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19th Century Frac Job: Oil Well Torpedoing (and a ‘grievous’ government monopoly)

By Robert Bradley Jr. -- August 20, 2013

Today’s hydraulic fractionation (fracing) is considered injurious to the environment by its opponents who prefer a state-of-nature and less energy to industrialization and more energy in free market settings. As with so many other technologies, today’s methods are far less invasive and safer than earlier-generation technology. A case in point is the 19th century’s oil-well torpedoing.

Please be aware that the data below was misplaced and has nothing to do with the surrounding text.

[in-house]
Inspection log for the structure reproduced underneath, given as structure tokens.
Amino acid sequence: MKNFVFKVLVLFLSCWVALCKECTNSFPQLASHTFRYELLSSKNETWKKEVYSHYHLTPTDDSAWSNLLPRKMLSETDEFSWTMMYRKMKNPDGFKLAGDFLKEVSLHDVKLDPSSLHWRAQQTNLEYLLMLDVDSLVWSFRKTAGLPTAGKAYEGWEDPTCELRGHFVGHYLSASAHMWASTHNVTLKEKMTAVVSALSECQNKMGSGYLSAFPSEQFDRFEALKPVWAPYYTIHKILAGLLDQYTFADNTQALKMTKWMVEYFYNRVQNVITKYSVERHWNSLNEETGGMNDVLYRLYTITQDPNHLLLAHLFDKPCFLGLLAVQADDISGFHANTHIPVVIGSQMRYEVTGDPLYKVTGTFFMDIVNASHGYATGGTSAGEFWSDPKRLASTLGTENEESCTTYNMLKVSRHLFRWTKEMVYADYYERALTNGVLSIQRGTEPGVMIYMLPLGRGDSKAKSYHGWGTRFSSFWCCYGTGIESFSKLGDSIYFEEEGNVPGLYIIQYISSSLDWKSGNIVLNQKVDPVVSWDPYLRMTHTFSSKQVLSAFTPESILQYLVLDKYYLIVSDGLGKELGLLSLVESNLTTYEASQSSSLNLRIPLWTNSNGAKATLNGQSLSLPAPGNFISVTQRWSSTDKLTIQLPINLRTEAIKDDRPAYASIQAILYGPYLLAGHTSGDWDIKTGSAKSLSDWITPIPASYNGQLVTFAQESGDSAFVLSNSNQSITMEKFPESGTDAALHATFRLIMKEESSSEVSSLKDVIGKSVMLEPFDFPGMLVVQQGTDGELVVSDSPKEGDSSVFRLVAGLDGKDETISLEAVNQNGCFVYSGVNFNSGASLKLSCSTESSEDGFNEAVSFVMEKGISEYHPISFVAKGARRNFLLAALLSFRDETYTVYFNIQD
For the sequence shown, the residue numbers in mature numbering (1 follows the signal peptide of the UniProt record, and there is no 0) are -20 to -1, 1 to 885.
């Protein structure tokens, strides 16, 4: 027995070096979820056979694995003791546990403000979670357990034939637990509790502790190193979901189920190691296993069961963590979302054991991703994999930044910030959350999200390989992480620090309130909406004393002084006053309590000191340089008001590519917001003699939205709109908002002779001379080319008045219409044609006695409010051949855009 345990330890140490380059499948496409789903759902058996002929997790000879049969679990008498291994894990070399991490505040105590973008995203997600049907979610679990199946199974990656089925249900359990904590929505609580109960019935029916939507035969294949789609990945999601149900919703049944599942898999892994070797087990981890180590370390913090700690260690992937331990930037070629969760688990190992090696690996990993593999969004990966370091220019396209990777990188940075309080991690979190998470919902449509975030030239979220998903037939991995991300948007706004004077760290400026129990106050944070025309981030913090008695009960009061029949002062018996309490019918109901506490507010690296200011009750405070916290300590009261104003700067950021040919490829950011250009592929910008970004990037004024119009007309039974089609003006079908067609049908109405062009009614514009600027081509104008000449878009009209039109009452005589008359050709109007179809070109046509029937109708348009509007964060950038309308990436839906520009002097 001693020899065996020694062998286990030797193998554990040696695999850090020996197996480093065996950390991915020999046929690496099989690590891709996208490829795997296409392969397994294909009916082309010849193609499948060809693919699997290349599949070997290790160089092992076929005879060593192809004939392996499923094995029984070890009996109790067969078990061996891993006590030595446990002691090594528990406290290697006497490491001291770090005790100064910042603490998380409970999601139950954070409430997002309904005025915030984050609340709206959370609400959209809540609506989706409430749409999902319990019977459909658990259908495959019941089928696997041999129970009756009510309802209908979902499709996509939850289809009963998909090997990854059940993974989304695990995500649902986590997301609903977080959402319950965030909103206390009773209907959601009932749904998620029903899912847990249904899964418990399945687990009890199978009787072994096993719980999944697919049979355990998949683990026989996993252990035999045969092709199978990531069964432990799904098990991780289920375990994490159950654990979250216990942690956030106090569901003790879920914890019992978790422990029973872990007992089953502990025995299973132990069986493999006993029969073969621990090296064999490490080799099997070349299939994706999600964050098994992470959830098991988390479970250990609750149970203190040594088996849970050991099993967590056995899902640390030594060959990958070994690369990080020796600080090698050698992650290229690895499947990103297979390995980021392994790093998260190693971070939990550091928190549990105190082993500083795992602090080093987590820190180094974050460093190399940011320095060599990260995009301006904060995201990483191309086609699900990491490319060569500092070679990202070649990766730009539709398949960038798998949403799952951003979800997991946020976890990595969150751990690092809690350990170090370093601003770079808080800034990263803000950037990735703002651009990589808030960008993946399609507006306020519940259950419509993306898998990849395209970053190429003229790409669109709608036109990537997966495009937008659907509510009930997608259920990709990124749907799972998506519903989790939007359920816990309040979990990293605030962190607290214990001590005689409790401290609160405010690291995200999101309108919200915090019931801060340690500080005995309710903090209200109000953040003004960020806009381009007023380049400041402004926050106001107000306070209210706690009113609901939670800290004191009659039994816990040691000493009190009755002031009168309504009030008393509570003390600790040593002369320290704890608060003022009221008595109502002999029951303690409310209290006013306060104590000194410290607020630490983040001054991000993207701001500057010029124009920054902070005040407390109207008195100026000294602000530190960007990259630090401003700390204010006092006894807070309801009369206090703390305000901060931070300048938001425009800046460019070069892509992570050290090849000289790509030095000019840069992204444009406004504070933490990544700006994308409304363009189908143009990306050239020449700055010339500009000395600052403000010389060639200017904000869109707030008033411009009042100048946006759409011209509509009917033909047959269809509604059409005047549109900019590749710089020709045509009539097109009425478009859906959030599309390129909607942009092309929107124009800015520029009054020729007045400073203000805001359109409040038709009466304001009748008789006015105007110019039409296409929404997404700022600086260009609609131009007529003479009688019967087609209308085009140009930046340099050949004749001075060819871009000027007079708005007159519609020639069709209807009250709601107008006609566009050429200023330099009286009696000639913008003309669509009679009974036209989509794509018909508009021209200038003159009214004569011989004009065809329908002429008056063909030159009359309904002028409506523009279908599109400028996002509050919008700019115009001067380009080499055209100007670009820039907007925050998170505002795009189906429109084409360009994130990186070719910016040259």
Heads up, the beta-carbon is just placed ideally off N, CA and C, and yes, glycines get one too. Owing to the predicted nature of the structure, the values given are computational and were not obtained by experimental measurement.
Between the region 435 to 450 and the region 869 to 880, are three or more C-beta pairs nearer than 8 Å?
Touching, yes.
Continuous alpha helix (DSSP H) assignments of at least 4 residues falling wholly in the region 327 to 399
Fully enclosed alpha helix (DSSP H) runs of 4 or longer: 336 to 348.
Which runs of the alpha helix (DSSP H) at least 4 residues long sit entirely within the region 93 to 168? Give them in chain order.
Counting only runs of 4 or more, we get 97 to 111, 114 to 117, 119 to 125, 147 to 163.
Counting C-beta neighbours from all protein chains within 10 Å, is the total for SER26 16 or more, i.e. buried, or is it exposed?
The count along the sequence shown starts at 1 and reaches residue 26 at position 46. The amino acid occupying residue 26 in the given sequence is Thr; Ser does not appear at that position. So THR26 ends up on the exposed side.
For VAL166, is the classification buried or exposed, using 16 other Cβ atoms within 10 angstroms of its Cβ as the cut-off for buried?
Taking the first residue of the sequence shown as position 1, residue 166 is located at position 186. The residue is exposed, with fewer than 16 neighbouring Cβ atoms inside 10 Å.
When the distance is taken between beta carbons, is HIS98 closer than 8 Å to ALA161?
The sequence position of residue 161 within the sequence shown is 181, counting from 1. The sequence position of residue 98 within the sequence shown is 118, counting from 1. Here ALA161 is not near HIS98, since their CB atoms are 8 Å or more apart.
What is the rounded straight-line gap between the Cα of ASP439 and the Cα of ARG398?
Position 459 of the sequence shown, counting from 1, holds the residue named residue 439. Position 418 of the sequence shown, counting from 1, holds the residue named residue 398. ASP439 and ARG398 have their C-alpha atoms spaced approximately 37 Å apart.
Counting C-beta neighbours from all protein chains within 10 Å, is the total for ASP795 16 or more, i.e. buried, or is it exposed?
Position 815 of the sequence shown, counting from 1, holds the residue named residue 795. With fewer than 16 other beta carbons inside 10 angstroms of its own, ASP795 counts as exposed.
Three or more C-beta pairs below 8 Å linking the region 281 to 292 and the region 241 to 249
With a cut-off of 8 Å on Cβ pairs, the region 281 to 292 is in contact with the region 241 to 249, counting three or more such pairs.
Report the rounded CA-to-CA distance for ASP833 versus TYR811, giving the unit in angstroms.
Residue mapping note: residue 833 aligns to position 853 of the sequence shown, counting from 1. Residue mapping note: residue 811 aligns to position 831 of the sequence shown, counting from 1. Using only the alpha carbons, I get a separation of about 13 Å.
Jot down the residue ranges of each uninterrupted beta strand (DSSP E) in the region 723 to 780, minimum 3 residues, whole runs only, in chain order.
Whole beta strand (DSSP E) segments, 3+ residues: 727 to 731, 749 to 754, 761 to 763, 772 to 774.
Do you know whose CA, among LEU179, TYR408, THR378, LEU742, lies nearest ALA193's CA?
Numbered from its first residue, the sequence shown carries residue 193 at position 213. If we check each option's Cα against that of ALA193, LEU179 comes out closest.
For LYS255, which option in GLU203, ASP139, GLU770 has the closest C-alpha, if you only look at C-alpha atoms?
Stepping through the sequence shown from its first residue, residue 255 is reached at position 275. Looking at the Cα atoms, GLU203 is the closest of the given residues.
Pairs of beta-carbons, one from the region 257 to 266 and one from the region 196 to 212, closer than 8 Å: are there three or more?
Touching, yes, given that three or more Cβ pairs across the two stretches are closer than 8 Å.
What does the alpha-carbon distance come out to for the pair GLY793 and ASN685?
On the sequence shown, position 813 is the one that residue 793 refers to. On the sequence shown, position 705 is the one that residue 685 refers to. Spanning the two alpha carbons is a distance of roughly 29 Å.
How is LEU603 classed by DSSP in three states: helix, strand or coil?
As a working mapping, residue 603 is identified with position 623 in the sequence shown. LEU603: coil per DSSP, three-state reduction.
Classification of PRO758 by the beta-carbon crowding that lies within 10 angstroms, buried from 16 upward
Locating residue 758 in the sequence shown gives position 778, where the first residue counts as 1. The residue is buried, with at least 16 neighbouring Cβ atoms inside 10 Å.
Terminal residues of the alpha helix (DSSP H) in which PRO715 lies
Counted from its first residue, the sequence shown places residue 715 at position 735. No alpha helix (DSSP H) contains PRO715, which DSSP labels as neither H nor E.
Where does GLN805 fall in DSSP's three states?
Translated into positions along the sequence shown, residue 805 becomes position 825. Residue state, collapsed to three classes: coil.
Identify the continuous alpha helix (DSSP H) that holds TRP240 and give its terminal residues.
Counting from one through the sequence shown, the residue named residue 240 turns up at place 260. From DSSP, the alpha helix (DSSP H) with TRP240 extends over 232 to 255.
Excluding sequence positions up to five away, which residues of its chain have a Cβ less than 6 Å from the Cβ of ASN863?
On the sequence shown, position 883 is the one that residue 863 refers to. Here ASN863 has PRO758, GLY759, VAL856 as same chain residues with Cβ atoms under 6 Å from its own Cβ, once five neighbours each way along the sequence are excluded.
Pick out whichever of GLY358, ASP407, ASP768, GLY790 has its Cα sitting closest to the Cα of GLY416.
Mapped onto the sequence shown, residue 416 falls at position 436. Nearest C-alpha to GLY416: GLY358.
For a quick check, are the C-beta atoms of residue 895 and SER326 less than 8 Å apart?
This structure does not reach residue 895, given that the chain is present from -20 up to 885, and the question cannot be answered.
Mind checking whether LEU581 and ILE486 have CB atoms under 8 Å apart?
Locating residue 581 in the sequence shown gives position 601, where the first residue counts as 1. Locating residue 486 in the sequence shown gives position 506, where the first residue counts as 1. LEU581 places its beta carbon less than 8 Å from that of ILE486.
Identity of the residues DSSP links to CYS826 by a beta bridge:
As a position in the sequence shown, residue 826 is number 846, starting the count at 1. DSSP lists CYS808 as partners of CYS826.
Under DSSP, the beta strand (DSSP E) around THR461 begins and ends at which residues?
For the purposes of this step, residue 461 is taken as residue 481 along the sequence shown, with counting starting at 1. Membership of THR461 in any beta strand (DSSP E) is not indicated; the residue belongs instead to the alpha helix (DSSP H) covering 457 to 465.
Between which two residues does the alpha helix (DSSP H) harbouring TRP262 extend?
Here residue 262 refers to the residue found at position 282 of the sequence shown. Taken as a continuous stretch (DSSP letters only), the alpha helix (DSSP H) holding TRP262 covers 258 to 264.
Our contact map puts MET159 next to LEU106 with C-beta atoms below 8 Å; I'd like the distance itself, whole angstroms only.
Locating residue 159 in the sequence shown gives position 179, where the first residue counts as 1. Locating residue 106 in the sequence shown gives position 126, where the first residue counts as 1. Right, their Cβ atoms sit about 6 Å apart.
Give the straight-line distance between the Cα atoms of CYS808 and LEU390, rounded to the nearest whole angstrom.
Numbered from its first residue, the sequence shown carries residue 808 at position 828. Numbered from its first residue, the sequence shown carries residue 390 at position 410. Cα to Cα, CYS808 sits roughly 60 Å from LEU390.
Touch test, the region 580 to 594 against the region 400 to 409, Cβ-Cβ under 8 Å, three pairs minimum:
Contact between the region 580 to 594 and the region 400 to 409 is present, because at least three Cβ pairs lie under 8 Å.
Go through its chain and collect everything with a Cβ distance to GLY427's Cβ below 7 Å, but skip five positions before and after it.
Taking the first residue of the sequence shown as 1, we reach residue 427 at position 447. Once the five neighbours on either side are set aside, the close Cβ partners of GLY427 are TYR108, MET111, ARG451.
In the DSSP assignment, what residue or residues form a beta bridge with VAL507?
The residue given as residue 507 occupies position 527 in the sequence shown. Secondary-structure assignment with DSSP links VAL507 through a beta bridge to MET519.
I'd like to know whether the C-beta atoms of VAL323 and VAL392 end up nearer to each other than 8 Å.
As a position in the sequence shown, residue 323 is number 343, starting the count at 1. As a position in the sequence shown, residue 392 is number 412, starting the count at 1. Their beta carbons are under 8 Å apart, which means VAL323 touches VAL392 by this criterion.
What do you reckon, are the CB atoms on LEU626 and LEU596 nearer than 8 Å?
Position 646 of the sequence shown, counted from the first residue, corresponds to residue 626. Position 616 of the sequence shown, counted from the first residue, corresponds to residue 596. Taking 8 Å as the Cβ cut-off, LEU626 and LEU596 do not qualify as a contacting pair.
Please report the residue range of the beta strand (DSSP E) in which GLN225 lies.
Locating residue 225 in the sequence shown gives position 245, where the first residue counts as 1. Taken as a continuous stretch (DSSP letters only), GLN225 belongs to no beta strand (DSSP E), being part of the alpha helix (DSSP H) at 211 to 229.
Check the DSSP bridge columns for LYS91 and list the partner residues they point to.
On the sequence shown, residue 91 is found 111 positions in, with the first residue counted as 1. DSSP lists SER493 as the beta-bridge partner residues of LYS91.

In the first years of oil production flowing wells were sometimes hindered by a waxy substance, paraffin, left by crude oil in the well tubing and well bottom. Early efforts to remove residue involved injecting steam, boiling liquids, and air down a well’s tubing.  These mildly successful techniques were then replaced by a far superior alternative – oil well torpedoing.  [1]

Gun powder explosions in water wells had been documented as early as 1808, and between 1860 and 1864, the technique was in use with oil wells as well.